Whether you're an avid scuba diver or amateur snorkeler, a trip to the Great Barrier Reef should make everyone's bucket list. Not only is it the world's largest coral reef system, but the UNESCO World Heritage site is also one of the seven natural wonders of the world. Situated in the Coral Sea, off the coast of Queensland, Australia, the massive turquoise-and-blue paradise stretches for more than 1,400 miles. So massive, in fact, that it can even be seen from outer space. But before you go, check out these eight handy tips, including where to fly into and the best time to visit (hint: avoid stinger season).
1. You Need a Visa
Unless you’re a New Zealand resident, tourists entering Australia need to apply for a visa. U.S. passport holders traveling for tourism or business for less than 90 days can obtain an Electronic Travel Authority (ETA) online for 20 AUD (or roughly 15 USD). The ETA is electronically linked to your passport, which means once you arrive at the airport, you can scan your document and be good to go.
2. Choose the Best Airport
When it comes to picking an airport to fly into, there are several options. If you’re traveling from the U.S. to the popular Cairns Airport, you’ll likely have to transfer from Brisbane, Sydney, or Melbourne first. Townsville Airport and Port Douglas Airport are both excellent jumping off points for getting to and from the Great Barrier Reef and offer a range of nearby hotels and activities to choose from.
3. The Best Time to Go
Unlike the rest of Australia, which undergoes four seasons, the Great Barrier Reef experiences only two — wet and dry. Although Queensland is considered a year-round travel destination, the dry season runs from May to October and offers travelers moderate temperatures, low rainfall, and warmer ocean temperatures.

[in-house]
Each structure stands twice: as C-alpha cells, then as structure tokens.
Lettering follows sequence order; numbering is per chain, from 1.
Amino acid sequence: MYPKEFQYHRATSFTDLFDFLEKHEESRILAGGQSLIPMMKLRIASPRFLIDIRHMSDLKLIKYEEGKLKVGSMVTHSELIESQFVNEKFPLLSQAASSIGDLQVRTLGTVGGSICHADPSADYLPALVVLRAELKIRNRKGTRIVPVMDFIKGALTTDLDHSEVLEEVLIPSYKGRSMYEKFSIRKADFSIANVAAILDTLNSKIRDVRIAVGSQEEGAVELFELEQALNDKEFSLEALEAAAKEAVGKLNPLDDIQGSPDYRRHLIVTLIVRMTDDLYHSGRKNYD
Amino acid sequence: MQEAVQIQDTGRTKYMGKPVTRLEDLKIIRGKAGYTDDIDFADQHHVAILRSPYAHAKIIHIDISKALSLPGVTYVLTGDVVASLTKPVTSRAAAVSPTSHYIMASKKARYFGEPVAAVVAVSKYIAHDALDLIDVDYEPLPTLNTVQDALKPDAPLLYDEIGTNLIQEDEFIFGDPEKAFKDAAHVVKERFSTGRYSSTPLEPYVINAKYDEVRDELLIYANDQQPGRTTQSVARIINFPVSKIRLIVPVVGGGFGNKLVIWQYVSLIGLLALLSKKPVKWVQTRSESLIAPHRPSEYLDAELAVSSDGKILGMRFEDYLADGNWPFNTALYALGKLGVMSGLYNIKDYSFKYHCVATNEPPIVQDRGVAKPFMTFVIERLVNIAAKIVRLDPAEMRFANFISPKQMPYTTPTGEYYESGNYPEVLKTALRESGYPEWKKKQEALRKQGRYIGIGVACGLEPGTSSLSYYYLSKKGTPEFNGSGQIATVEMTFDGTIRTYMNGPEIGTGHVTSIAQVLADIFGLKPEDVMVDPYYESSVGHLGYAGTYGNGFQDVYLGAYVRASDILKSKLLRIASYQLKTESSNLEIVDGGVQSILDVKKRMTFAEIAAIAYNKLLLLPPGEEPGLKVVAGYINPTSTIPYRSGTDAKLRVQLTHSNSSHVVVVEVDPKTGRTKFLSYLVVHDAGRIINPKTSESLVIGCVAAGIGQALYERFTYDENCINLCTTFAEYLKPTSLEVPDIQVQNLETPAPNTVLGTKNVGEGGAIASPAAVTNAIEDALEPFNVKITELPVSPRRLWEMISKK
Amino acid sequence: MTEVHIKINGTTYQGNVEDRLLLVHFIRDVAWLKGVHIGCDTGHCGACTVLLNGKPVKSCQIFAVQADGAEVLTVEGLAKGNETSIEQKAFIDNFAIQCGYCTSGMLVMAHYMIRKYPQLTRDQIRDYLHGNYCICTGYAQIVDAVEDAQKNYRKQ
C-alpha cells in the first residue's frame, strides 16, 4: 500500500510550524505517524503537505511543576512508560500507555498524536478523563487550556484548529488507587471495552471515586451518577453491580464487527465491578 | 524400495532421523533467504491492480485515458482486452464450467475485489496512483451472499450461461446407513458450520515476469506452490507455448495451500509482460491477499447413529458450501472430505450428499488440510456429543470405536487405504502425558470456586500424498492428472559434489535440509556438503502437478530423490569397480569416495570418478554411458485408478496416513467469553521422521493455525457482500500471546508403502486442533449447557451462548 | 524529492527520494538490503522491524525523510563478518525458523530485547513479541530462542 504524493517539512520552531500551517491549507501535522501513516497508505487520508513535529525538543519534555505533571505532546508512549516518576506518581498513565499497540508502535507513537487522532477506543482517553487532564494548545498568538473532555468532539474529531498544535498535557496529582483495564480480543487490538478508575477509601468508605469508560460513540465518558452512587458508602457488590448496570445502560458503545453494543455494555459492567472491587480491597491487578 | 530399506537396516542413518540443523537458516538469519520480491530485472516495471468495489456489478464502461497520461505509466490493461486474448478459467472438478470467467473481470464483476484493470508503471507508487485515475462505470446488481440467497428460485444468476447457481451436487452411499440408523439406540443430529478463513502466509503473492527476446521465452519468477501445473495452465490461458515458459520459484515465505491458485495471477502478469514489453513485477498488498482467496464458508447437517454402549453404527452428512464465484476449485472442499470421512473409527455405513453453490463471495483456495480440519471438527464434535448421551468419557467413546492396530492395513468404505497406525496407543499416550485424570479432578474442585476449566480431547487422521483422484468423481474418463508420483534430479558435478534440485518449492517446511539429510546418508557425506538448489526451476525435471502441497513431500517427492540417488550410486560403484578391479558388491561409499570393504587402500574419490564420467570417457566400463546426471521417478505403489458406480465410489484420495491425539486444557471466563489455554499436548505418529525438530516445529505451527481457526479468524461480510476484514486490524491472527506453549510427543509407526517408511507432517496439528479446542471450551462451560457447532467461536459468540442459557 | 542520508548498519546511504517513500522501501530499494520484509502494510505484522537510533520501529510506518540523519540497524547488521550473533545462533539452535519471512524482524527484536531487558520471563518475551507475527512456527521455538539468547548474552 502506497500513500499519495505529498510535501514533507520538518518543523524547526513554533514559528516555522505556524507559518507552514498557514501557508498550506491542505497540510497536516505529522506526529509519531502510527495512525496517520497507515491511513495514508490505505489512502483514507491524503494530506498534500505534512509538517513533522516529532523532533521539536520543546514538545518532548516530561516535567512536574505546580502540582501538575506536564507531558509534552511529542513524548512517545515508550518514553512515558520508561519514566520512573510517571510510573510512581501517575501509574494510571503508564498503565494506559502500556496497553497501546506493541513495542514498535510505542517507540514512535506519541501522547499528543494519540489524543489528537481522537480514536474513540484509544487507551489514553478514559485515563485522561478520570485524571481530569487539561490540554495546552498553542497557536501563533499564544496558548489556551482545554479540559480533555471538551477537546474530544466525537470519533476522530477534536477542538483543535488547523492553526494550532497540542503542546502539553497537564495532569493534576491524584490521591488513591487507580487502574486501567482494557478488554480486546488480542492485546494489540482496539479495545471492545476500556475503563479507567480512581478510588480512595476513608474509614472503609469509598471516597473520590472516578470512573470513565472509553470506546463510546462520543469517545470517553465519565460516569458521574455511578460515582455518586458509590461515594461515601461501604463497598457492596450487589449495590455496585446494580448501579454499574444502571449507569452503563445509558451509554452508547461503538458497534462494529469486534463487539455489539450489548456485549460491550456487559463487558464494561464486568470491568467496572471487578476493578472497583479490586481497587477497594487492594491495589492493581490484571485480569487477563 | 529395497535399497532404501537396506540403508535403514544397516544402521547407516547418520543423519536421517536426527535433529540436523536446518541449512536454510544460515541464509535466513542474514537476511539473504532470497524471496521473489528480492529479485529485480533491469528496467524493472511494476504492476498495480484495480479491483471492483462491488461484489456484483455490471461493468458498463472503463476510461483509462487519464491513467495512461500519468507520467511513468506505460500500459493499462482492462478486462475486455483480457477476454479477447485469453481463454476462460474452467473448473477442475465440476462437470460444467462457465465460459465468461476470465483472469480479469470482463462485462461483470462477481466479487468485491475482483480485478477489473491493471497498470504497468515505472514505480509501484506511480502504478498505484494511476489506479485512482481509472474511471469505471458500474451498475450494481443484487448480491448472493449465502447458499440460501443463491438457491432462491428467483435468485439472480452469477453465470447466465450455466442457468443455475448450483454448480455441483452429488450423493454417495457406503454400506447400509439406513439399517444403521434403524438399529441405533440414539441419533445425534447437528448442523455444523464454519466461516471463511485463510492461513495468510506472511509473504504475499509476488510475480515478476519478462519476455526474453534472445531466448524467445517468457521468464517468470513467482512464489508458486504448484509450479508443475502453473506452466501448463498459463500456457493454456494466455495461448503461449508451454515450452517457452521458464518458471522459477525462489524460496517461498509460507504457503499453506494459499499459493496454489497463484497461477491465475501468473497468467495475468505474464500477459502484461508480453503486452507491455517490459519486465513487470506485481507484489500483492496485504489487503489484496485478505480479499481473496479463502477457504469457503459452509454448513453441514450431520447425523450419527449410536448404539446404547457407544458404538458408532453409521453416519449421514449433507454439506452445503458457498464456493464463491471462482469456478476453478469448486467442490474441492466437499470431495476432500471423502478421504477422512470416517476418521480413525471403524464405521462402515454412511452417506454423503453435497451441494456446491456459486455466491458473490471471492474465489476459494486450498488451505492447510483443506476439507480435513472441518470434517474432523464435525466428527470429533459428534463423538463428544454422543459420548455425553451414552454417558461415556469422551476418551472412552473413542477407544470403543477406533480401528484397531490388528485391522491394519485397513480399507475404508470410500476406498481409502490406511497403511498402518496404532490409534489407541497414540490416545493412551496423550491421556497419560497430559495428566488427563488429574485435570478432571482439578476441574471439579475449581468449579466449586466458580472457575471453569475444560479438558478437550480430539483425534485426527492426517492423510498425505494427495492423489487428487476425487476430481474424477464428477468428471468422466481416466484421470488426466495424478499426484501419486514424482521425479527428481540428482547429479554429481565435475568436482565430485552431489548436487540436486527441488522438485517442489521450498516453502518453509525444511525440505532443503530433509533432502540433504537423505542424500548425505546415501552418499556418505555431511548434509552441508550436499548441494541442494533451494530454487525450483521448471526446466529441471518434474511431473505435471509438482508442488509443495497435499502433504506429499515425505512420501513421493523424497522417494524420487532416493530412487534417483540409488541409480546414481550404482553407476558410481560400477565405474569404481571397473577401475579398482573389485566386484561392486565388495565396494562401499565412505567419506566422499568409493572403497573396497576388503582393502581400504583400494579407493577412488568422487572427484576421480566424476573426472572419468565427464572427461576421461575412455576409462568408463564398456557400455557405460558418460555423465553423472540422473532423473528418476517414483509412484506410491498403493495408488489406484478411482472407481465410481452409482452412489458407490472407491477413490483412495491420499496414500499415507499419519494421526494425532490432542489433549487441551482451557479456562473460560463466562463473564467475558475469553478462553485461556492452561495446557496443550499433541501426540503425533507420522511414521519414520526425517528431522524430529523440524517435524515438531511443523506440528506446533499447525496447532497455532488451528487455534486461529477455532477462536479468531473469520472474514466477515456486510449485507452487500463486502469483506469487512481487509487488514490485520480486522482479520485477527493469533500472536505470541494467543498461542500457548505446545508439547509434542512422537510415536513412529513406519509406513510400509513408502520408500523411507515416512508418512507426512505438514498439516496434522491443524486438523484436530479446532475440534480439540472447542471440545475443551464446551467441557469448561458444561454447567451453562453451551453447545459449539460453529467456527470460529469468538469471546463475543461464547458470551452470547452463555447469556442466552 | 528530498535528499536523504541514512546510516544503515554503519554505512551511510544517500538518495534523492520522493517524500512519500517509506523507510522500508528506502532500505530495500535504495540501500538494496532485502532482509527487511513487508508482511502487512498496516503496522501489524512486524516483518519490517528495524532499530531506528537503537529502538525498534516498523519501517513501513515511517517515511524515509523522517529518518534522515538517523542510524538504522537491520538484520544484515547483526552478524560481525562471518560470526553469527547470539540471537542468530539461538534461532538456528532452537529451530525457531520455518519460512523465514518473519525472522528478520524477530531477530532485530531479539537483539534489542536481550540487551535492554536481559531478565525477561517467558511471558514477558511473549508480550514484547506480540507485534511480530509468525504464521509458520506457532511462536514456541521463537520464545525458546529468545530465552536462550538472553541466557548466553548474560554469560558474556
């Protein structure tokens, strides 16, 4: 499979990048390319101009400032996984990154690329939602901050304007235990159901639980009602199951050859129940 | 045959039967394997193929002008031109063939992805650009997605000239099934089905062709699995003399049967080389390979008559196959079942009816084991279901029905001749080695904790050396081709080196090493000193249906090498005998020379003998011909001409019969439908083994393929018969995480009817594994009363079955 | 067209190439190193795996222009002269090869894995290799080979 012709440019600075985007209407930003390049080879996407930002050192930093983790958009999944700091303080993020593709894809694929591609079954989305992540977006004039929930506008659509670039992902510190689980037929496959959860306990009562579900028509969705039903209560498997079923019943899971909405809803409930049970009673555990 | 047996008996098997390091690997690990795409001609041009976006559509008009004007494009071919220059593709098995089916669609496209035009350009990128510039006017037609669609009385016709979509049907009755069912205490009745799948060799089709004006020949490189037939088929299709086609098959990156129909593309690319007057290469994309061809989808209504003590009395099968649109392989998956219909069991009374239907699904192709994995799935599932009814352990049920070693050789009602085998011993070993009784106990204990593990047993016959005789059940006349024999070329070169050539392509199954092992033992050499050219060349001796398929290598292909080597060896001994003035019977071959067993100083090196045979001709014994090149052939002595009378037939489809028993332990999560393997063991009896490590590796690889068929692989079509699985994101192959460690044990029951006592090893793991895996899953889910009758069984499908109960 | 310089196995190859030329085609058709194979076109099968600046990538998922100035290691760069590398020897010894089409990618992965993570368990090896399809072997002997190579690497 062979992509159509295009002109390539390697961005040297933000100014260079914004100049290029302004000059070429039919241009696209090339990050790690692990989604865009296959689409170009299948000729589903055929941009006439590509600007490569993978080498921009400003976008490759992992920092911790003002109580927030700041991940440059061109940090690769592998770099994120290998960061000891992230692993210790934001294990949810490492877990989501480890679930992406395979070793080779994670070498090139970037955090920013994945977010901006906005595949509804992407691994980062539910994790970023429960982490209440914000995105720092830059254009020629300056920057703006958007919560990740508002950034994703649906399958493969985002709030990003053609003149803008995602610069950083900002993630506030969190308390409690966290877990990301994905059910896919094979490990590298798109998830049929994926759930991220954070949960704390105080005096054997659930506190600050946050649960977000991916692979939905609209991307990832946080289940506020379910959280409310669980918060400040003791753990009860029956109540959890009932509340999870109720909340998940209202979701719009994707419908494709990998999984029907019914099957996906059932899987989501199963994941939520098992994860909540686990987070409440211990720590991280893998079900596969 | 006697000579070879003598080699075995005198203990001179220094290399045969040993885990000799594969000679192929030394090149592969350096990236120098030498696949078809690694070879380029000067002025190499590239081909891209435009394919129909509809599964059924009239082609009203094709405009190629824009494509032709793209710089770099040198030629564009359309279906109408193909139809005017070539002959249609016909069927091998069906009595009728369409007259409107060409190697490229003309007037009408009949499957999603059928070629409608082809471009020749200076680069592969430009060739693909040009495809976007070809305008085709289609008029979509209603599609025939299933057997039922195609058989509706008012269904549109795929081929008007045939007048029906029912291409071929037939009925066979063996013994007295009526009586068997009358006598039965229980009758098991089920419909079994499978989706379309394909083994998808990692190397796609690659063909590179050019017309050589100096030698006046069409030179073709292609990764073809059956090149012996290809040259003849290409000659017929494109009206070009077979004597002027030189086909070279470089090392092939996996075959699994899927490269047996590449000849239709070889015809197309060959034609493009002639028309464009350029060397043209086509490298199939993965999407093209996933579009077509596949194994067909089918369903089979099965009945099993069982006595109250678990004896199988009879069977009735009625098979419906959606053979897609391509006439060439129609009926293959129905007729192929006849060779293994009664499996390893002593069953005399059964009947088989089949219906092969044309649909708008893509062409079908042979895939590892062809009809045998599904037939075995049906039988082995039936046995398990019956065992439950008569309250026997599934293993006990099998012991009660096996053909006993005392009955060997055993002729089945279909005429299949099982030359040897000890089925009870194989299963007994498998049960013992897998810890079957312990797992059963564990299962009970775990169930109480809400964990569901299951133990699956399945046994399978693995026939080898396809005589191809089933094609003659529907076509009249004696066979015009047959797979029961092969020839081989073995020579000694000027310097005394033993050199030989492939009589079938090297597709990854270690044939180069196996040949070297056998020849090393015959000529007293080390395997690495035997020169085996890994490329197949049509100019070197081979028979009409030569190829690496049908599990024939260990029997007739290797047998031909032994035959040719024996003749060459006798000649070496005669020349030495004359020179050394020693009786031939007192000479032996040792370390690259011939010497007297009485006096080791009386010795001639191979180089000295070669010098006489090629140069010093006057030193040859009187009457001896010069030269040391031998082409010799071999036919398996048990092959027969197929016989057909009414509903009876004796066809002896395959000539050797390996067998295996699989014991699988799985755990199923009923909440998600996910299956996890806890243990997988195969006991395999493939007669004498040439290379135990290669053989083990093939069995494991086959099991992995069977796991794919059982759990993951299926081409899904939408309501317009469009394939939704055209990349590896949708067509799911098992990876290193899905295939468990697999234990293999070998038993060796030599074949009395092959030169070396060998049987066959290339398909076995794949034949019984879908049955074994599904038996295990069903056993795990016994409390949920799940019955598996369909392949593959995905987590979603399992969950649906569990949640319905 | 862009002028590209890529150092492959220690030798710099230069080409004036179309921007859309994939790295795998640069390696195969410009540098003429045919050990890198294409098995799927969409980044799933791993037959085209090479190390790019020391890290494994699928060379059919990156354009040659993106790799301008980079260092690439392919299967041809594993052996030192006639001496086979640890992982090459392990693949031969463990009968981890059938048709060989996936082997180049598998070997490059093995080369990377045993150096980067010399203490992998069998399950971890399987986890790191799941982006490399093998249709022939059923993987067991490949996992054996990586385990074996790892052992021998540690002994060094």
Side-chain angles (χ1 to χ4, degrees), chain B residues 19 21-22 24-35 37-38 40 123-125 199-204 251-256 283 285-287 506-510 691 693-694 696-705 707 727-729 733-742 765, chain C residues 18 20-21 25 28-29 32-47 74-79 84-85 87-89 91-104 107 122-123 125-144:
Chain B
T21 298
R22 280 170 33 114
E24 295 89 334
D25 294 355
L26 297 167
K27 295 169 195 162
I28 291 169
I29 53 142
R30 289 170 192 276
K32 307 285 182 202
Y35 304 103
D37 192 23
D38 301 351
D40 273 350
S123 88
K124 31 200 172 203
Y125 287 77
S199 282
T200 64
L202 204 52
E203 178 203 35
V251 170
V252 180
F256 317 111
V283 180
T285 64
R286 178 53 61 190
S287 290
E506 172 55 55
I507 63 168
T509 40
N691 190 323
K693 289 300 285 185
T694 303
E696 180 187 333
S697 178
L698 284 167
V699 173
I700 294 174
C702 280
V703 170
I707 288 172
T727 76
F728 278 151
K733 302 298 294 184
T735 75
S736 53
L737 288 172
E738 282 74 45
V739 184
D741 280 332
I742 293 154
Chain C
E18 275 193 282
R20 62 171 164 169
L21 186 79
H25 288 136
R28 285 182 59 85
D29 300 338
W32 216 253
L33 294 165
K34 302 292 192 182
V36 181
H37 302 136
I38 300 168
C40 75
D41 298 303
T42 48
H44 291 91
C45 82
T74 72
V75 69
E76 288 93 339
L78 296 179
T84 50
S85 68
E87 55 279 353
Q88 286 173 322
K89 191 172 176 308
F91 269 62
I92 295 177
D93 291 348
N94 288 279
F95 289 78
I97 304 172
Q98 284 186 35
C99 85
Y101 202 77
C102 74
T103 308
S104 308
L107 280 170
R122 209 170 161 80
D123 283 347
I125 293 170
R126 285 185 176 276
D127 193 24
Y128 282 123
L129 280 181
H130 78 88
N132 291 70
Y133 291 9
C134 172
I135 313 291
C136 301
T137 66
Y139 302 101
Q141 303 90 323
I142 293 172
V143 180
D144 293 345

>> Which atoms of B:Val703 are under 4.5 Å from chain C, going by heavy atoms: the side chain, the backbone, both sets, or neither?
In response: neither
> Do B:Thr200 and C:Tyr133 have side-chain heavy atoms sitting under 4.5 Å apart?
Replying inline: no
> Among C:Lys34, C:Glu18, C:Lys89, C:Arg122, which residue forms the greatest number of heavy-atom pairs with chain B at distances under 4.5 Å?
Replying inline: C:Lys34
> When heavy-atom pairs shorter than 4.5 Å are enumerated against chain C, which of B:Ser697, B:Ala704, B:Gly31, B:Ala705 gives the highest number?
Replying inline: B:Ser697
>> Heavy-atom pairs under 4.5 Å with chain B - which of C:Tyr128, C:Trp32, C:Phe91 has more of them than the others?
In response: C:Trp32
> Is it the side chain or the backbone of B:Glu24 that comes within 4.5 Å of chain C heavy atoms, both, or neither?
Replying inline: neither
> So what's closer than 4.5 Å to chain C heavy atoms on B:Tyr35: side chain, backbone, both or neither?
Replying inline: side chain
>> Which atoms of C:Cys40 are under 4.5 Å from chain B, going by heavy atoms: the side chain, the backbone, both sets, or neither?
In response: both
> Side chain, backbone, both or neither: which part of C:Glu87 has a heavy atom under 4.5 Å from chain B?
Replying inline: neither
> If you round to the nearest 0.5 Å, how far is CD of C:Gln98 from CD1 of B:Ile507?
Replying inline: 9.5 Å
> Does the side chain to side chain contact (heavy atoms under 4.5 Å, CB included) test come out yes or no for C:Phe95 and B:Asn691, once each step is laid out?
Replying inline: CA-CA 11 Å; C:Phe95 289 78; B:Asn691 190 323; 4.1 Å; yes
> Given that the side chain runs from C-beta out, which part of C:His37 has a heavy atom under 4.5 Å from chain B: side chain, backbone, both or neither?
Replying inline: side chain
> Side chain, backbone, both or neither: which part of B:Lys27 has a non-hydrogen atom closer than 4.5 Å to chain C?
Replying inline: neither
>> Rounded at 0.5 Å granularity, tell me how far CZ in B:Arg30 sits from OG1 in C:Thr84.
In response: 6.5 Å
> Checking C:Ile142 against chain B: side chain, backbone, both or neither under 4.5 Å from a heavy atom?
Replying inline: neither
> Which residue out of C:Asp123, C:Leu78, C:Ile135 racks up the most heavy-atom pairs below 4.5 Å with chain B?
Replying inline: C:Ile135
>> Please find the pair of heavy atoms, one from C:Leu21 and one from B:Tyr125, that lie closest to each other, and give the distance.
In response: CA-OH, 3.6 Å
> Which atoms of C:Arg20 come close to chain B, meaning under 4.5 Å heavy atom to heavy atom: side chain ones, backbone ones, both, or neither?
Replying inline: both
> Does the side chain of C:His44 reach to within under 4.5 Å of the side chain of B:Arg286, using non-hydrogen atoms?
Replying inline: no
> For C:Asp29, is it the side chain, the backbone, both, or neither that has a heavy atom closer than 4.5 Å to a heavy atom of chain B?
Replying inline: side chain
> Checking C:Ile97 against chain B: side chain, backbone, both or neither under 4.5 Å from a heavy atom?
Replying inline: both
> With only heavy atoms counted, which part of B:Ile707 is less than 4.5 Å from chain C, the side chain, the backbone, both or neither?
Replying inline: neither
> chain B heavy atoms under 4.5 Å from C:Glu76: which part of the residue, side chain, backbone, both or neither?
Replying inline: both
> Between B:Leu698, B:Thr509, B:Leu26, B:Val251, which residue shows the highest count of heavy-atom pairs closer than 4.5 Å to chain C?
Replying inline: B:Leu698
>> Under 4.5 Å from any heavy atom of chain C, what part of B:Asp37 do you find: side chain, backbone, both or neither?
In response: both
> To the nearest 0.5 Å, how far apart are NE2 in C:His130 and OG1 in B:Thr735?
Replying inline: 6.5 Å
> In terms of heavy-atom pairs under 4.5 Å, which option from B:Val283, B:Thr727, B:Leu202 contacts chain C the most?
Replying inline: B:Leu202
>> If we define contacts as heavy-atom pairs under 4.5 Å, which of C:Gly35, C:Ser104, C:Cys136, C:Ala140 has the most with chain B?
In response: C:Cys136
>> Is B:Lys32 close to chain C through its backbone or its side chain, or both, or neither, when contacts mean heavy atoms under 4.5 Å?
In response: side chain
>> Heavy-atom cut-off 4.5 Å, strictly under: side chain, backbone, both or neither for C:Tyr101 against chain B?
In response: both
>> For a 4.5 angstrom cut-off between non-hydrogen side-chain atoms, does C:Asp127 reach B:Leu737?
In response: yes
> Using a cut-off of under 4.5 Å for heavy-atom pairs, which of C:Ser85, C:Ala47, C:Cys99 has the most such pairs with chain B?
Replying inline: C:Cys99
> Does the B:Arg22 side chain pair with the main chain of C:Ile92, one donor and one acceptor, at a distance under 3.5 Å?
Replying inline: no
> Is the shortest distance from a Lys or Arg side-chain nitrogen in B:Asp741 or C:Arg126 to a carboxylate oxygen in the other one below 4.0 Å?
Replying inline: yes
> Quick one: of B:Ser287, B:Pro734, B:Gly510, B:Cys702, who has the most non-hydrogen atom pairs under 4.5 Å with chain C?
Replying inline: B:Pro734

4. Options Are Aplenty
Home to more than 3,000 coral reefs, 600 islands, and 1,600 species of fish, the Great Barrier Reef comes with an abundance of options. Opt for a day trip with a local charter company like Quicksilver Cruises, which take travelers to Agincourt Reef on Australia’s continental shelf. Or, stay on one of the reef’s many islands like the family-friendly Daydream Island or romantic Lizard Island. One important thing to note is the boat ride to the outer reefs can be quite rocky. While most tour companies have seasickness pills readily available for purchase, it might be wise to invest in some acupressure sea bands or Dramamine before venturing out on the excursion.
5. Understand Coral Bleaching
While doing some trip research, you may have come across the term coral bleaching. To put it simply, unusually high water temperatures — likely due to global warming — are causing the coral in the reefs to emit algae, which in turn causes the coral to turn white and die. While there are varying reports about how widespread this issue is at the moment (many say it’s the greatest ecological threat to the area), it’s important to be aware of the issues facing this region.
6. Prepare to See a Variety of Underwater Life
There are more than 30 species of marine mammals found in the Great Barrier Reef, including bottlenose dolphins, humpback and dwarf minke whales, several species of turtles, sharks, sea snakes, soft and hard corals, jellyfish, and more. And while there are 133 shark species that call the Great Barrier Reef home, most are non-threatening to humans. The main creature concerns come from box jellyfish and stingrays, which are prevalent along the beaches in Queensland. Stinger season generally lasts from November to May when temperatures are at their highest. Stinger suits are highly recommended and will most likely be offered by your local tour operator.
7. The Area Has a Unique History
Aboriginal and Torres Strait Islander people have lived in Queensland’s coastal areas for more than a millennium. Visitors can embark on the Ngadiku Dreamtime Walks at Mossman Gorge. Here, the indigenous people take travelers along culturally significant sites, past traditional bark shelters, and over rainforest streams. The experience begins with a traditional smoking ceremony that’s meant to ward off bad spirits.
8. Be Aware of Crocodiles
There are two types of crocodiles native to Australia — saltwater and freshwater. Aside from their physical size (saltwater crocs are bigger than freshwater), there is one major distinction between the two. Freshwater crocs (or freshies as they’re referred to by locals) are less likely to harm you. On the other hand, saltwater crocodiles (or salties), which take up shelter along the beach, are the dangerous ones. While you need not worry about swimming with these treacherous reptiles on the outer reefs, it’s important to be aware of your surroundings and do a quick croc-check before diving into the water.
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